EU Trade Commissioner Cecilia Malmström says the EU will respond to any increase in US tariffs on imported autos and auto parts with its own tariffs on autos and parts imported from the US.
The EU cannot offer a bilateral deal only on autos, Ms. Malmström said, to address Mr Trumps complaints about the 28-member bloc’s 10% car tariffs—which are quadruple the US rate.
Never mind that applying its own auto and auto parts tariffs to imports from the US is precisely such a bilateral action.
Auto makers, parts suppliers, and dealers are joining forces to push back against the Trump administration’s proposal to apply tariffs of up to 25% on vehicles and components imported into the US….
The auto industry is aiming at the wrong target. The German auto industry and the US have already agreed in principle to a regime of no auto tariffs at all. It’s the German government that’s waffling and the EU that’s ignoring the matter altogether.
These domestic execs need to be asking the German government and the EU why they’re so disinterested instead of whining about domestic matters.
Here’s Donald Trump decrying Germany’s willingness make itself dependent on Russian energy supplies by pushing for Nordstream 2, which will mean that Germany will get 60% of its natural gas from Russia, to go with the 40% of its oil imports that already are from Russia. Aside from becoming so dependent on an enemy for its energy, Germany will be paying Russia billions of euros for the privilege.
I have to say, I think it’s very sad when Germany makes a massive oil and gas deal with Russia, where you’re supposed to be guarding against Russia, and Germany goes out and pays billions and billions of dollars a year to Russia.
In an interview with the British newspaper The Sun, President Donald Trump said that Prime Minister Theresa May’s Brexit “blueprint” for Brexit would likely kill any opportunity for special trade deals with the US. A critical part of that blueprint would have Great Britain
stick[ing] to a common rulebook with Brussels on goods and agricultural produce in a bid to keep customs borders open with the EU.
The House passed a farm welfare bill that includes a requirement for food stamp recipients to work for their welfare payouts last month, and the Senate passed its version—carefully without that requirement for actual work. Or perhaps just timidly passed, since Senate Agriculture Chairman Pat Roberts (R, KS) was intimidated by Progressive-Democrat Ranking Member Debbie Stabenow (D, MI) and couldn’t find the backbone to oppose her.
Now the two bills go to conference for resolution, and the outcome doesn’t look promising for work.
In today’s tight employment environment, that work would be easy to find, too, and in light of that, The Wall Street Journal‘s Editorial Board made the comment
The Trump administration is moving toward a set of rules that would heavily restrict the People’s Republic of China’s ability to acquire American technology-developing companies and American technology.
Of course, there are objections to protecting our stuff.
Industry groups…are mainly concerned that the export controls could negatively affect their businesses by preventing them from using their technological edge.
If such groups were truly serious about this, they’d be truly serious about hardening their member companies’ facilities against hacking.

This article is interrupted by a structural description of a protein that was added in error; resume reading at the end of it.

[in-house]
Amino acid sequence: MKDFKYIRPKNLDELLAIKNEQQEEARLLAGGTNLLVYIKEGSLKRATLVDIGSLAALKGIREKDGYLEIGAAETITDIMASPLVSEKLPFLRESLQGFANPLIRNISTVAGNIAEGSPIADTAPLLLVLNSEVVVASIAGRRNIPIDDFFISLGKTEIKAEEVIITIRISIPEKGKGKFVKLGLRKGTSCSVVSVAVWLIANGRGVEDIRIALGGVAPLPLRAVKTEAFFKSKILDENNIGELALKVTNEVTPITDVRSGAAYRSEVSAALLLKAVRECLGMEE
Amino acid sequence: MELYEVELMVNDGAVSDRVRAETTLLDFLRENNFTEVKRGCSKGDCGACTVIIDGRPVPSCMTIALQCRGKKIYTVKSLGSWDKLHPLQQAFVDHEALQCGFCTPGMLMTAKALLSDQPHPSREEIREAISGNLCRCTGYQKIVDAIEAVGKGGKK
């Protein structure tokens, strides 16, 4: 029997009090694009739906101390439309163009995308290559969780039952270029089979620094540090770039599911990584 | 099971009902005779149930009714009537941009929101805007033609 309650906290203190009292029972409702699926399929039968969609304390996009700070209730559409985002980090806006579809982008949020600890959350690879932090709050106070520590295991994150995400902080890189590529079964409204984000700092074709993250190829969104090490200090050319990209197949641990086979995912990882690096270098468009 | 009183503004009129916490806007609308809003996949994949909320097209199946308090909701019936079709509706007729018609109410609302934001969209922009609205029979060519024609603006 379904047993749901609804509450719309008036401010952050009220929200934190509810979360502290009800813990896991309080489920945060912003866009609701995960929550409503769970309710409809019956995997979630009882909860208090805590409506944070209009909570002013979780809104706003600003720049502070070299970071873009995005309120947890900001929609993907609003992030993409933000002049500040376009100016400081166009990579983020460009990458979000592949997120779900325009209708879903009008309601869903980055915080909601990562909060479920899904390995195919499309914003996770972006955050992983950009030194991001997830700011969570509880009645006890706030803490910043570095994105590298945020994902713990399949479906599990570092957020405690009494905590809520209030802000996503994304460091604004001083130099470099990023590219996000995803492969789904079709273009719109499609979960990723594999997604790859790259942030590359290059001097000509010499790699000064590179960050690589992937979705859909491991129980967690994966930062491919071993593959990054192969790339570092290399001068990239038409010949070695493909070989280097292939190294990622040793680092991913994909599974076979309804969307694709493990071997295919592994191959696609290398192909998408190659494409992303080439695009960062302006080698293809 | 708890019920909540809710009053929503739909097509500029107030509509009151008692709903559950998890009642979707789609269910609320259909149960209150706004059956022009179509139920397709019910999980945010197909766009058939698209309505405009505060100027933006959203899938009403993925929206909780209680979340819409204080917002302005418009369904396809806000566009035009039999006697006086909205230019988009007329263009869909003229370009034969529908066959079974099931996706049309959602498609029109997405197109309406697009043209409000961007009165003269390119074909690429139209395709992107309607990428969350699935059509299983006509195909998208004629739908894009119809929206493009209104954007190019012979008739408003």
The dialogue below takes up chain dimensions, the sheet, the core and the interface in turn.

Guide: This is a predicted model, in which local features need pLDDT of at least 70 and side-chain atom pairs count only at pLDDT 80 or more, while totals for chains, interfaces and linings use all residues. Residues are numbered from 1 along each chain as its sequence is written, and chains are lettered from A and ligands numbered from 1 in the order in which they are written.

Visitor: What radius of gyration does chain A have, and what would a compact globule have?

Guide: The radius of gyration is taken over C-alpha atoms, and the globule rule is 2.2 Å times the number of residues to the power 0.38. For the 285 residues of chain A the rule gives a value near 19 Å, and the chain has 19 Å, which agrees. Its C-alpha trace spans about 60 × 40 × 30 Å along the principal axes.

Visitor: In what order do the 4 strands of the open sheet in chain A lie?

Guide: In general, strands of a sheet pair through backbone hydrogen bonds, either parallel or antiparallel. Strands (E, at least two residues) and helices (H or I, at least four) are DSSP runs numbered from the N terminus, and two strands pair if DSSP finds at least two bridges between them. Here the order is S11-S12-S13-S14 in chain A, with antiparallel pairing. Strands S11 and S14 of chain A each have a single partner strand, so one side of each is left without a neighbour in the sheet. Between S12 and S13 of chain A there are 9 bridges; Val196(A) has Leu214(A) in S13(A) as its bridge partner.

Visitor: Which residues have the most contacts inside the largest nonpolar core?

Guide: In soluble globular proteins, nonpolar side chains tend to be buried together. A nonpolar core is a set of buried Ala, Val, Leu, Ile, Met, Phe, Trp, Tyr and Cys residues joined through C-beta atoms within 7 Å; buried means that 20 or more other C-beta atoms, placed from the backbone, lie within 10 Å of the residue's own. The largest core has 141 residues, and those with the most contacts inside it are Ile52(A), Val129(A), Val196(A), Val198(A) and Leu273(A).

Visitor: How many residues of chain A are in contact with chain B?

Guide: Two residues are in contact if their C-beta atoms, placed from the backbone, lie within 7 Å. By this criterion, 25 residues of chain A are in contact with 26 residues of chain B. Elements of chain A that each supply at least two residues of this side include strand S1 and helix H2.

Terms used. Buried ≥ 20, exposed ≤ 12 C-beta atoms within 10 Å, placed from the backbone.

While many object to the investment restrictions, they are seen as having less practical impact because Chinese investment has fallen off so drastically.
Recall that Michigan State University agreed to pay $500 million to victims and associates of Larry Nassar’s sex abuse victims while he was pretending to treat our women gymnasts’ injuries.
Now the school intends to float bonds to raise the money to pay the bill.
Were I an investment advisor—which I’m not, nor do I play one on the radio—I’d advise against buying these bonds; I’m not satisfied Michigan State will be able to pay them off in the end, even with OPM.
Association Health Plans are new plans that, by regulation, allow small businesses to band together across industries and state boundaries to form health insurance buying consortiums. Using this larger size-generated buying power, they should be able to acquire cheaper, better tailored, more flexible plans for their employees, plans that those employees actually will want.
The left says association plans are junk insurance that will blow up ObamaCare.
Some AHPs likely will be; that’s a fact of life in any market, free or centrally planned. However, a free market is self-regulating and quickly so; junk plans will be few and far between. Blow up Obamacare? That’s win-win.
As the People’s Republic of China responds to President Donald Trump’s tariffs, motivated in part by the PRC’s cyber-theft of American technology and proprietary information and the PRC’s extortion of the same and its demand for backdoors into foreign business’ (including especially American) core software as a condition of doing business in the PRC, buckle up, indeed, as the article at the link above suggests.
The PRC will do far more than this, though, as it attempts to coerce the US in the pursuit of its Warring States strategy.
This image, from a Deutsche Welle article on Venezuela’s inflation rate—which last month reached 24,571% year-on-year—says it all.
The word drawn on the 100 bolivar note (and yes, it’s a real note, and it’s actually that big) translates to “hungry.” In the context, it means more broadly, “a widespread, intense, and prolonged shortage of staple foods that a population suffers.”
Hungry indeed, too. A bit over two pounds of meat cost about 2 million bolivars (or did once, daily inflation is running at 2.4%), or €16.9 or $20, against a surgeon’s monthly salary of not even 6 million bolivars. Meat, not steak in particular. That’s some expensive hamburger or shank cut.